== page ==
Brothers of slayingvictim seek help with burial
The brothers of an Eastport landscaper fatally shot during a burglary attempt began raising money Monday to send their sibling's body to the family's native Guatemala for burial.
Francisco Pirir, 45, described as a skilled and diligent worker by his employers, was killed by two masked burglars who burst into the small, two-story East Moriches Boulevard home he shared with his brothers and several others at 3:34 a.m. Sunday, Suffolk police said.
Sister Margaret Smyth, director of the nonprofit North Fork Spanish Apostolate, said she was assisting the men.
The brothers, who were at the nonprofit's Riverhead offices Monday, declined to comment, but through Smyth described Pirir as a married father of four, who left his family in search of work about four years ago.
"He spent most of his time working and sending money home to his family," said Smyth, who said the brothers planned to place donation cups in local convenience stores to pay for travel and funeral costs. She said donations could also be addressed to her and mailed to the Apostolate, 220 Roanoke Ave., Riverhead, N.Y. 11901.
Police said Monday they are still investigating the killing and had no further statements. No arrests have been made.
An East End dentist who spoke on the condition of anonymity because he feared for his family's safety described Pirir as hardworking, punctual and trustworthy. Through tears, he said Pirir had done masonry, painted rooms, helped install a pool and did other work at his home.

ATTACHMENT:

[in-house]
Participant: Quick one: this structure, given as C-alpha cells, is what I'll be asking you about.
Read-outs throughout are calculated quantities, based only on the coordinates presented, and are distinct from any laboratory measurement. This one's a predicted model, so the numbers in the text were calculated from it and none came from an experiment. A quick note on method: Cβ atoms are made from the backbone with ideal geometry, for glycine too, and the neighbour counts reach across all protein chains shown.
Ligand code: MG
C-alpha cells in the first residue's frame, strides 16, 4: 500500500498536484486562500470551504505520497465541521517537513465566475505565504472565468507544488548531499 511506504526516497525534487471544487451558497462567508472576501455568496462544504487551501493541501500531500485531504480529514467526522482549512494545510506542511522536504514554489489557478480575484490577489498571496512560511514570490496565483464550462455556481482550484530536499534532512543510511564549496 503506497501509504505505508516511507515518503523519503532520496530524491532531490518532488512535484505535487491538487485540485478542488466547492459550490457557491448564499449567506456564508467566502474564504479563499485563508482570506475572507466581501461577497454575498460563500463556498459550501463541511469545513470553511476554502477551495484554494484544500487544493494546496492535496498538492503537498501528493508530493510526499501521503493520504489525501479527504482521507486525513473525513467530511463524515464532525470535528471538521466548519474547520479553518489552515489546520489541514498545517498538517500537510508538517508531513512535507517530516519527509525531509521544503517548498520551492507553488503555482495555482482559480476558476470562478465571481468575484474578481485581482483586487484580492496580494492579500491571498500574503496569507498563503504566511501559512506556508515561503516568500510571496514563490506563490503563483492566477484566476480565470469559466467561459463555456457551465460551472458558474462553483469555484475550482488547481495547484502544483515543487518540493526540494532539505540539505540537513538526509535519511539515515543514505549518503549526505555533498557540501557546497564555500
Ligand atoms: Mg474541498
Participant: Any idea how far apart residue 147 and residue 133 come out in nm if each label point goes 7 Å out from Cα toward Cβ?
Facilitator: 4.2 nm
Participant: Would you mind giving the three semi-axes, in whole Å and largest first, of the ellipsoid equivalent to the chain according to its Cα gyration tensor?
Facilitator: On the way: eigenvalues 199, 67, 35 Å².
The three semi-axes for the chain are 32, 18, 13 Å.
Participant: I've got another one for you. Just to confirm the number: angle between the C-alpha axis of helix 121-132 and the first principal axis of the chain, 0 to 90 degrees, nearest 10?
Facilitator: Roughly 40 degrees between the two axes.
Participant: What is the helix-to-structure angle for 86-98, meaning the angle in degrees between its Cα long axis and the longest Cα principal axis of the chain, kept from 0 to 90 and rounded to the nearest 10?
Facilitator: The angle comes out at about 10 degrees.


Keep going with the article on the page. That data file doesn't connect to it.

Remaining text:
"In my eyes he was an estate manager," the man said. "He did everything . . . he was unbelievably talented. He was a stand-up guy. We lost a great person."
Julio Castaneda, 37, who lives next door to Pirir, said he heard gunshots and saw two masked, armed men running from the house to a red truck that sped off. He said some of the home's occupants said they were moving. "Maybe I'll move, too," said Castaneda. "It's dangerous here now."
At Citarelli's Gourmet Delicatessen and Meat Market across the street from Pirir's home, owner Toni Citarelli said Pirir and his roommates shopped at the store daily, buying phone cards, coffee and hot meals.
In the summer months, she said, the men would play soccer on their front lawn. "They were very nice," Citarelli said.
Outside Pirir's house, several pairs of tan work boots sat on a small cabinet next to the front door, which was splattered with what appeared to be blood.
A handwritten note inside a card on a large plant placed outside the home read in Spanish and English, "Francisco: You'll always be in our hearts. We will miss you friend."